A: The Prime Minister says in (the radio address) Mann Ki Baat that he wants to make the country self-sufficient in pulses. When farmers grow a bumper crop, they don't get support. Pulses are imported. Pulses and onions were imported from Pakistan. It is like a surgical strike on farmers.

When Sachin Tendulkar scores a double hundred, he gets crores of rupees in reward, is given the Bharat Ratna. When farmers score a double, they are hanged, left to commit suicide.

They talk of Digital India and don't have the basic knowledge about sowing, yield and consumption. There are no wild variations in our production, the government can easily assess the demand-supply equation. But policies are made for middlemen, not farmers.

Q: Rahul Gandhi has said big corporate houses minted money in the 'dal scam'; was he right?

A: There appears to be some truth in that allegation. Policies reflect they are designed to help the market. The way imports and exports have been dealt with, be it pulses or edible oil, something looks fishy. And the finance minister's statement is most disturbing. That there is no money for farmers. Money is only for corporates.

It is the government's duty to stabilise market prices in the face of bumper crops and protect the farmers against natural calamities.

Q: But the Prime Minister was so concerned about soil health cards and crop insurance. The government is projecting these two steps as a boon for the farmers.

A: That's bogus. That is only to divert attention from the refusal to pay the MSP (minimum support price) in keeping with the promise. Farmers know their soil, they don't need Modi to introduce this system. Children of farmers know about every leaf in their farm. And crop loans are designed to benefit insurance companies and exploit the farmers.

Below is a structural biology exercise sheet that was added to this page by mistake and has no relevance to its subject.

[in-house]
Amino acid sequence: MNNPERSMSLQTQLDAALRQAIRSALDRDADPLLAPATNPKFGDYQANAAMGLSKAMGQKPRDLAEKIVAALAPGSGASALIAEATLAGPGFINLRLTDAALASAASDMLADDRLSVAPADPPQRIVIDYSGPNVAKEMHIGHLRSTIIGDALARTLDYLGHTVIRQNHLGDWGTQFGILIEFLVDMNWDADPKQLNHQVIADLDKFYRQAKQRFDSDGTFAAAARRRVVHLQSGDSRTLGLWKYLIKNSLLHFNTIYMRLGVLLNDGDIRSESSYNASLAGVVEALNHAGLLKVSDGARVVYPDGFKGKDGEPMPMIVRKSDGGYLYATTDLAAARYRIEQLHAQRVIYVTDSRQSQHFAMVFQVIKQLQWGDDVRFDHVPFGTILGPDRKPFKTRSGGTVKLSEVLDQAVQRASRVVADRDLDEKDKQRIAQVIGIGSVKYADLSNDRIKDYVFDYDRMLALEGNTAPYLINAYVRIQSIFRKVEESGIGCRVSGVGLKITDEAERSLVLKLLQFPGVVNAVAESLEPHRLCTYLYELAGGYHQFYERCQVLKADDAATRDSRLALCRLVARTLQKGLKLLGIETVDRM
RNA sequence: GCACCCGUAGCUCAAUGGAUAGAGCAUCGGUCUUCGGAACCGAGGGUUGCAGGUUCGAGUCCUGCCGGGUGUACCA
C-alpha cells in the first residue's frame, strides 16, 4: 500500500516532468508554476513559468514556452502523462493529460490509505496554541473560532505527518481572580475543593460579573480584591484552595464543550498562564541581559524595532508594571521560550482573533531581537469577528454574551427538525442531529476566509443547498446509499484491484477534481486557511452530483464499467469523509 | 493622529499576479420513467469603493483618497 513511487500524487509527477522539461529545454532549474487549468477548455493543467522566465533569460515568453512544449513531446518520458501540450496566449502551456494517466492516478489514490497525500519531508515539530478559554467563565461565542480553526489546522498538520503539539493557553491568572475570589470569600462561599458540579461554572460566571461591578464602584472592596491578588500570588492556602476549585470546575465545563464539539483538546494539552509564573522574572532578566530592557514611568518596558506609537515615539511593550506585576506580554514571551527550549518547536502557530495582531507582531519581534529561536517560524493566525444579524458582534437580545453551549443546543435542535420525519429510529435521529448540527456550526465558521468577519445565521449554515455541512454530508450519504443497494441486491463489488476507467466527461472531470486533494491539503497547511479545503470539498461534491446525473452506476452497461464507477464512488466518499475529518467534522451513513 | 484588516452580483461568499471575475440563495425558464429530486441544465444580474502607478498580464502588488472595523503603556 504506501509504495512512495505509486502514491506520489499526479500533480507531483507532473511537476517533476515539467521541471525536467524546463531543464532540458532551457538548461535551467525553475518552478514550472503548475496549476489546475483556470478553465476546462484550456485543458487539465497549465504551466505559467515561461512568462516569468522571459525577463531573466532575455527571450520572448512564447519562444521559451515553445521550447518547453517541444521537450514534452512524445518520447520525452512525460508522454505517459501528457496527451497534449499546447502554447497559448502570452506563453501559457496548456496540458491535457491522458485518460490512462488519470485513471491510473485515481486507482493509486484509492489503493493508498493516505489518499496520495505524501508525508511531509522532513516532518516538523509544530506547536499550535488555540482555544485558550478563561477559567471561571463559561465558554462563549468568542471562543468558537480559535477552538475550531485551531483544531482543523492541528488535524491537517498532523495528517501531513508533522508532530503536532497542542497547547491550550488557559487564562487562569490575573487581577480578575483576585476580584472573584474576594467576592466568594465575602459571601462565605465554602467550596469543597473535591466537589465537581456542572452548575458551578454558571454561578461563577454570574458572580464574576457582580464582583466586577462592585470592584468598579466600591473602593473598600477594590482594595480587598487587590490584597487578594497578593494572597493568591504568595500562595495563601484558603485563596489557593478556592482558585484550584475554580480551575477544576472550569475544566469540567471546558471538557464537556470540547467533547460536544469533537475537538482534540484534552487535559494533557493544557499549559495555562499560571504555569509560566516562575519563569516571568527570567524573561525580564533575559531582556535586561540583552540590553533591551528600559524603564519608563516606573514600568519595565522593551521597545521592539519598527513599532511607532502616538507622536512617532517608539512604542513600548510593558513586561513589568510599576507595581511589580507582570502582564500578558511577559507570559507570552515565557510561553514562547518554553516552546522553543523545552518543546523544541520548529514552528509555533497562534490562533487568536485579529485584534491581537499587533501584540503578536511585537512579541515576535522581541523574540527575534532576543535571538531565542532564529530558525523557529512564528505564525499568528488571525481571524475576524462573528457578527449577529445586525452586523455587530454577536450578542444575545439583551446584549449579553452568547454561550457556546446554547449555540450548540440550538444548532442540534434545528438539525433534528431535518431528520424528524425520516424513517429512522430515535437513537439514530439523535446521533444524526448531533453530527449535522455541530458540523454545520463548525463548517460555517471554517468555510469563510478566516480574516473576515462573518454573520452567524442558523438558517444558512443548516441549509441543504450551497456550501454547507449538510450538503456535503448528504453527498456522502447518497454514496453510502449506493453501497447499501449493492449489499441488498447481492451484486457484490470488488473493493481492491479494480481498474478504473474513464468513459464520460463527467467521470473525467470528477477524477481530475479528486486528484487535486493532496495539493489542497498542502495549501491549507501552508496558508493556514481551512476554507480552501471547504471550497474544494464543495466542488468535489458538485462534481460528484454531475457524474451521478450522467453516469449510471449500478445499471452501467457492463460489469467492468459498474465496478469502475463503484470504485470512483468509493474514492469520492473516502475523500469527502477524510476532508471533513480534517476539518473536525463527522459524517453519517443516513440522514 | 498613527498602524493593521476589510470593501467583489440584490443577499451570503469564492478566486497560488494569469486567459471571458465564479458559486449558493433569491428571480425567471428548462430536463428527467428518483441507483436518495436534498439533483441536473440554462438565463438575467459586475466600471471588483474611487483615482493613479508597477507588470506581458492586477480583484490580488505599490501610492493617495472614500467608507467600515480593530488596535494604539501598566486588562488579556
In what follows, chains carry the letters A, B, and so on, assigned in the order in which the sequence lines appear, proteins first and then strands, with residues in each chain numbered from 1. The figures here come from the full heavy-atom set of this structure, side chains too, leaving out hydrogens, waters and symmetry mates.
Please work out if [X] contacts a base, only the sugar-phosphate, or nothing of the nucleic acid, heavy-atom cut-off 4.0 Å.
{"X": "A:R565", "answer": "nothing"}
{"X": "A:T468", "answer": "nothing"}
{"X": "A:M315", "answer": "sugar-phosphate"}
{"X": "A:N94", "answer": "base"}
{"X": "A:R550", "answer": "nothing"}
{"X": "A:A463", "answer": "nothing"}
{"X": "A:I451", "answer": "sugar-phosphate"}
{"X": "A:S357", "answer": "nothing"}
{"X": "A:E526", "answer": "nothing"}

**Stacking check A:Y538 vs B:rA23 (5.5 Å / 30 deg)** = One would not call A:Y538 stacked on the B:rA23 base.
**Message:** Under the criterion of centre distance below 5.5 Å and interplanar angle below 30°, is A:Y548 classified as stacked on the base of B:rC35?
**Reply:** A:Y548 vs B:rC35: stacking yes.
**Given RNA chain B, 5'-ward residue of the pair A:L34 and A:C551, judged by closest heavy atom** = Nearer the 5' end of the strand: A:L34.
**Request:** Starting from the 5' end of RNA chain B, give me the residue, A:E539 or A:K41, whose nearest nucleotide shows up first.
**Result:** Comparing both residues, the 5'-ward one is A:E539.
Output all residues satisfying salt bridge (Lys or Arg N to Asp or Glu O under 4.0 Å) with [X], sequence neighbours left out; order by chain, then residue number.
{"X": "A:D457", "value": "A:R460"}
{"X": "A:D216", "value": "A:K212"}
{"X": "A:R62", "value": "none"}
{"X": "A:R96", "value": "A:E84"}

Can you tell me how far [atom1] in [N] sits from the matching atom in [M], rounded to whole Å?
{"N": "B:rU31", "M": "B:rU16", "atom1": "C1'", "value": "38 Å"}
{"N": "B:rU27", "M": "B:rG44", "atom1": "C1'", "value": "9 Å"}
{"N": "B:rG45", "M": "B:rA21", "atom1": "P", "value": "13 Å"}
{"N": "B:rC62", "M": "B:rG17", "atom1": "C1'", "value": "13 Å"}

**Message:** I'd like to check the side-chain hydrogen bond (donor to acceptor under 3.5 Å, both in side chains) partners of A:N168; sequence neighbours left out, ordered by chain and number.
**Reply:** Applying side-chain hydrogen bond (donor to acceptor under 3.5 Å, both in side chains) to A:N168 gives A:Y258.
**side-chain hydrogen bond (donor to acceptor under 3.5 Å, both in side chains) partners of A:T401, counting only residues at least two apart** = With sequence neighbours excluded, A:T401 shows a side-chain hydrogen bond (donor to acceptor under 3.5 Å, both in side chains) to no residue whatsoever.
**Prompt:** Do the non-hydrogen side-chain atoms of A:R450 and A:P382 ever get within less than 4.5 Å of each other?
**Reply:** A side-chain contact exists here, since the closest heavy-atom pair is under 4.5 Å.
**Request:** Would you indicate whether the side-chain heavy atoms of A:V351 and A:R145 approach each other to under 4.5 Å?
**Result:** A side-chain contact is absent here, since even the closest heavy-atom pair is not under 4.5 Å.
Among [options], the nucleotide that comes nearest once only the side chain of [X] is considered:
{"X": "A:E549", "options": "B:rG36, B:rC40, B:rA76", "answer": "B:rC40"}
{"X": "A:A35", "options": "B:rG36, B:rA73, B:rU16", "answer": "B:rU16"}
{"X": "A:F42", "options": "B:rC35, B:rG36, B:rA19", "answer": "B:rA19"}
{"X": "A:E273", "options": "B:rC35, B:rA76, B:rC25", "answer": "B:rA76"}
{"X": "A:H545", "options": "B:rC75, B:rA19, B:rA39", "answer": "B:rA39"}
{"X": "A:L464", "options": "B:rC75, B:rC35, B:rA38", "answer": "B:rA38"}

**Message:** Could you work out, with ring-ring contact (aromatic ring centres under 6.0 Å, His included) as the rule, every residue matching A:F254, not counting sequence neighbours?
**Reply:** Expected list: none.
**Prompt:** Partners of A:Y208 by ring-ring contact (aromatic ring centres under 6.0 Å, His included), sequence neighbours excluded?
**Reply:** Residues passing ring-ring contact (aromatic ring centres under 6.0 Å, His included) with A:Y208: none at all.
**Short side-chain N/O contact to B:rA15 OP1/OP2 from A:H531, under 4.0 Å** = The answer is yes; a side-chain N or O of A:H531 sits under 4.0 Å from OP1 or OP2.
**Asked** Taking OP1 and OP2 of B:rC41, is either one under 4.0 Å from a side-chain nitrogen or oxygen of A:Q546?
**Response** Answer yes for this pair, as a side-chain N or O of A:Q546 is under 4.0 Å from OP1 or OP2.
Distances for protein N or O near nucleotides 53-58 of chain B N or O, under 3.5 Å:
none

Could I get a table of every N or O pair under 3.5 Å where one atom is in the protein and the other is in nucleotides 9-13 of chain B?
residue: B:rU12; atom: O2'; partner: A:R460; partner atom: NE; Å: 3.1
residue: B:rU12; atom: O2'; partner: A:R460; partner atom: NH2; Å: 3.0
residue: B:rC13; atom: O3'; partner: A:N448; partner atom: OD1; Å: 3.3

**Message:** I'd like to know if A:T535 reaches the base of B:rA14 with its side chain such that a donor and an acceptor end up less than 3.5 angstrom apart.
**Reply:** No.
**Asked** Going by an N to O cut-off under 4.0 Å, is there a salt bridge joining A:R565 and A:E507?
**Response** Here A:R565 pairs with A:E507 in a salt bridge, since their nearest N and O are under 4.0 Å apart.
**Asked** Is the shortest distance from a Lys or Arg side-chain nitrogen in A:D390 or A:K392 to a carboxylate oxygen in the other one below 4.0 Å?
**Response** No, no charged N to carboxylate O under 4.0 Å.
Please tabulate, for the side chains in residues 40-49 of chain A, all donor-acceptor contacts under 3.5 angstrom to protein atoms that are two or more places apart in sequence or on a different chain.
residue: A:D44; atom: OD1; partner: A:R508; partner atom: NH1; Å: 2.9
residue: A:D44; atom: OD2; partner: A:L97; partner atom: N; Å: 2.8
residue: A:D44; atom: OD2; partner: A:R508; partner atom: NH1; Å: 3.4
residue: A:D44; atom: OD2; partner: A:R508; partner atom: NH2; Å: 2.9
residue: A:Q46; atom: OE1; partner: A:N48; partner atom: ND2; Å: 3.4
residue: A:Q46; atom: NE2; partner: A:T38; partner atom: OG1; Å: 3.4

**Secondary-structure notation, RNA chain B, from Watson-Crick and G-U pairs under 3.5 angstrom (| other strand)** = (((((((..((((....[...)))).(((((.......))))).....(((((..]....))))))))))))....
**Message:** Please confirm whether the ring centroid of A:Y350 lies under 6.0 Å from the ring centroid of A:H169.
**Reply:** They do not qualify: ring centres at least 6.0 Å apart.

Q: Did the loan waiver announcement in Uttar Pradesh also contribute to the farmers' unrest elsewhere?

A: That was foolish, the Prime Minister should understand he represents the country and can't use resources to buy votes in one state. How can he announce a scheme for one state and betray the entire country? Unfortunately, no chief minister has the courage to speak the truth.

Q: Is loan waiver a good idea to address distress?

A: Loan waiver is no solution. It provides immediate relief. But suicides will not end till farming is made lucrative. Farmers cannot survive by spending Rs 100 to earn Rs 60. Governments should understand this much of arithmetic.

Q: Then the Mandsaur (Madhya Pradesh) fire is going to spread?

A: Yes, farmers in many states are struggling to survive. The Shivraj (Singh Chouhan) government's nautanki (antics) has further angered the farmers. I am the only politician apart from the chief minister who could meet the families of those who died in the police firing (in Mandsaur last week, in which six persons were killed).

I entered Mandsaur on June 9 along with farmers. The true story is that farmers had called for a bandh. Two shops refused to cooperate.... When farmers asked them to shut shop, they started beating them with iron rods. (Shetti shows a purported video of the incident given to him by locals).

This infuriated the farmers who came back to attack the store. The police then fired at the mob. So far there has been no action against the store owners probably because they belong to the BJP.

Shivraj is giving Rs 1 crore as compensation (to the family of each deceased farmer) because of his guilt consciousness. But he can't suppress anger with money.

I was shocked to know the wife of a farmer who died in the police firing committed suicide two days later. The chief minister's 'upvaas' (fast) was really an ugly drama.